Q: What measurement does the Recommended Decision suggest be used to determine the level of economic disadvantage for libraries?
A: The Joint Board recommended that libraries' level of economic disadvantage be based on the economic wealth of the school districts in which they are located. This suggests that a library would be eligible to receive the level of discount representing the average discount offered to the school district in which it was located.
In a Public Notice released on November 18, 1996, the Commission sought additional information and comments on what measures of economic wealth are readily available to determine the economic status of libraries. The Commission also requested comment on what information could be required that would be minimally burdensome to libraries.
Q: Does the Joint Board set a limit on how much money can be paid in to or out of the universal service support mechanisms in an fiscal year?
A: Yes. The Joint Board recommended that total expenditure for schools and libraries from the universal service support mechanisms have an annual cap of $2.25 billion. If less than that amount is spent in a year, the difference would be added to the next year's available total and could be spent without regard to the cap.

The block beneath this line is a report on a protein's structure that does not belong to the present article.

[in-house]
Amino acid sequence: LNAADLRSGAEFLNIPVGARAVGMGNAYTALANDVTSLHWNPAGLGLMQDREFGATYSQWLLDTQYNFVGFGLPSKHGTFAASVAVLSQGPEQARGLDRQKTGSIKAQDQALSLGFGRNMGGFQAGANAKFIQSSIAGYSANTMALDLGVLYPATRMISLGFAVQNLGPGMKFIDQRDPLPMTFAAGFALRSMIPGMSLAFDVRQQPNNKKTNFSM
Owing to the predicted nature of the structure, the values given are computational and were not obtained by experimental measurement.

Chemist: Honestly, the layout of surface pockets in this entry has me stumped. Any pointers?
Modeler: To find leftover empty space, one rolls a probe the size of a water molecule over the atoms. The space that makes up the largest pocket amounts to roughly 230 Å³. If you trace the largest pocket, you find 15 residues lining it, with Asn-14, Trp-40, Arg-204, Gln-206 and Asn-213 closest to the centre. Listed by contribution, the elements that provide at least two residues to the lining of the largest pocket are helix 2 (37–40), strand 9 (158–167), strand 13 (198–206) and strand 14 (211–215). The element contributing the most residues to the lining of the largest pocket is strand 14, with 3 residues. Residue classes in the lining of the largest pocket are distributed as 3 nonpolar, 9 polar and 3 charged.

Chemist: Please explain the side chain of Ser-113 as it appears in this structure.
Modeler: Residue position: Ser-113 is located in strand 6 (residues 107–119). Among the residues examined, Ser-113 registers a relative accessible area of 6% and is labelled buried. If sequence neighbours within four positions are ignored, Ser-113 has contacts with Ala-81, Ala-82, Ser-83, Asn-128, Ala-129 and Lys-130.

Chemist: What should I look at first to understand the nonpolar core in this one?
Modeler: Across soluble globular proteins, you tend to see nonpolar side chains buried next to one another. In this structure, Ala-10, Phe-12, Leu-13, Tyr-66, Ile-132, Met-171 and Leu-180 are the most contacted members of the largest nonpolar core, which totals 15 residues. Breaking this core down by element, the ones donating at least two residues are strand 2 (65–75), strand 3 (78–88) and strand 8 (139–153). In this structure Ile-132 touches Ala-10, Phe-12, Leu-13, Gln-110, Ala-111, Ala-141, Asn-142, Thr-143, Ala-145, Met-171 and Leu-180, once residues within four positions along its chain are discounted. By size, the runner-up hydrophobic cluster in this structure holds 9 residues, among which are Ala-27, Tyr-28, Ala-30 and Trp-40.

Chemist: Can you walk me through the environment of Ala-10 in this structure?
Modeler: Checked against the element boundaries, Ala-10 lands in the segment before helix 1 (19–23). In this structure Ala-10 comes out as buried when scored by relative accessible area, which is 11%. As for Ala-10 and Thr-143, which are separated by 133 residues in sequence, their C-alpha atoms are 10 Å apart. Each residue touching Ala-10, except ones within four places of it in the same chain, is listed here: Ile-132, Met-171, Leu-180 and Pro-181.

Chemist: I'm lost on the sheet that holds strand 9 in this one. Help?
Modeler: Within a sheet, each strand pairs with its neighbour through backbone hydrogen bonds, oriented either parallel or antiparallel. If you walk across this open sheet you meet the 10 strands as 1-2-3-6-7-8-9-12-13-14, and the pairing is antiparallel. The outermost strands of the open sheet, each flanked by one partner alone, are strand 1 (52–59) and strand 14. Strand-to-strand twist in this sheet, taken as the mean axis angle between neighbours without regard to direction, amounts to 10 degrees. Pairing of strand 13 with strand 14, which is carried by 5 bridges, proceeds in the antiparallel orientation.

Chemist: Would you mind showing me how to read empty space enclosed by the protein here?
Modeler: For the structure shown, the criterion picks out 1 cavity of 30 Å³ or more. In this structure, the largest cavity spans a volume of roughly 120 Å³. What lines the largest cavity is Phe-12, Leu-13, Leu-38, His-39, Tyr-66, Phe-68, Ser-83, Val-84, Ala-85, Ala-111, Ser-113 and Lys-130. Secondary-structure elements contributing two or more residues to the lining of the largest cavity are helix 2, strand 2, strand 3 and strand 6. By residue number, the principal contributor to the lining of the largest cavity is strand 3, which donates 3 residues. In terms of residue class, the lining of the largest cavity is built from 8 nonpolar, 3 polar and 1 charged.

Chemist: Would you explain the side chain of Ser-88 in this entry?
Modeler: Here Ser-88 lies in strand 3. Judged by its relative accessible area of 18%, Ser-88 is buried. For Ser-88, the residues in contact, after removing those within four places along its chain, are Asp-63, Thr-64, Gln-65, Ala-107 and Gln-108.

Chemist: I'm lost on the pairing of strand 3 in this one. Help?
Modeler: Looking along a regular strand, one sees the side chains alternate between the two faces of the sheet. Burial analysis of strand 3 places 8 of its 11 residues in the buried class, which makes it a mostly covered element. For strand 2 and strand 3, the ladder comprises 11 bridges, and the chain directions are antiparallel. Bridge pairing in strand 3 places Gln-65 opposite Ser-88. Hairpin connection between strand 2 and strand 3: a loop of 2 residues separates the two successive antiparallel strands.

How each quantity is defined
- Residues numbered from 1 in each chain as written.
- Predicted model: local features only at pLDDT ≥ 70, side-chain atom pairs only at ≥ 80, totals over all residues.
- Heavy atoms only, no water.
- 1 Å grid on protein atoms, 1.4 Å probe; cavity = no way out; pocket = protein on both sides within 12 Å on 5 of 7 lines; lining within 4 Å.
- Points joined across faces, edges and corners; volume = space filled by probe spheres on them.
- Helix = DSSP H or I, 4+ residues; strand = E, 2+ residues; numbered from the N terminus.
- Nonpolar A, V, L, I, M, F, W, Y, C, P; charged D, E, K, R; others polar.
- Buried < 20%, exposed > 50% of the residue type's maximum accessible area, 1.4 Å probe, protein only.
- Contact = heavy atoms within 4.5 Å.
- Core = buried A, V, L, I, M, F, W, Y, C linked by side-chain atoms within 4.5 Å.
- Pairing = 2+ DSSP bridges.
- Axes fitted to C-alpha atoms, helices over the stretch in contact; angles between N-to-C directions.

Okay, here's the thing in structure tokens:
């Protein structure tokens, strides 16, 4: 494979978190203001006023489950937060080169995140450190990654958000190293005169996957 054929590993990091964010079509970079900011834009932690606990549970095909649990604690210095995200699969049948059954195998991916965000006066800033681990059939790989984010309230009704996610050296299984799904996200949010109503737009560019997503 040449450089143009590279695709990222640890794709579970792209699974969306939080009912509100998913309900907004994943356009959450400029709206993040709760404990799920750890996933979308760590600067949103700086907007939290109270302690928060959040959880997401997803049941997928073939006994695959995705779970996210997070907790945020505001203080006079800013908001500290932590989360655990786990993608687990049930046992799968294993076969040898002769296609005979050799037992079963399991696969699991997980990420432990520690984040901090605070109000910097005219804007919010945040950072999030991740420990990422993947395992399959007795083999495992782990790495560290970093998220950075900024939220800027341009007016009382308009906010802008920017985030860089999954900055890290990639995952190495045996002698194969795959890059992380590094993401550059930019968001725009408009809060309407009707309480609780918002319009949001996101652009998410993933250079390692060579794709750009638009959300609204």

The Joint Board also recommended that whenever spending for schools and libraries in a given year reaches $2.0 billion, rules of priority would be triggered. The most economically disadvantaged schools and libraries that had not yet drawn from universal service support mechanisms would receive first priority, while other economically disadvantaged schools and libraries would receive second priority for support. All other eligible schools and libraries would be granted funding contingent on the availability of funds. Precisely how such rules of priority would be managed is currently being considered by the Commission.
Q: In the event that universal service support mechanisms for schools and libraries acquires a surplus from one fiscal year to the next, how does the Joint Board address this issue?
A: The Joint Board recommended that the surplus from the previous year would be spent first. This means that the cap would remain at $2.25 billion from year to year.
Q: Why didn't the Joint Board adopt an "e-rate" or free rate for telecommunications services for the neediest schools and libraries?
A: Under the matrix proposed by the Joint Board, the neediest institutions will receive very significant discounts on the services most needed for connectivity -- a maximum discount of 90%; those with less need are eligible for a 20% discount. The Joint Board recommended that any universal service funding mechanism also promote competition in the telecommunications industry. The Joint Board stated that competition ultimately will deliver multiple benefits to consumers, including lower rates, greater choice, and improved services, which will benefit schools and libraries in the future.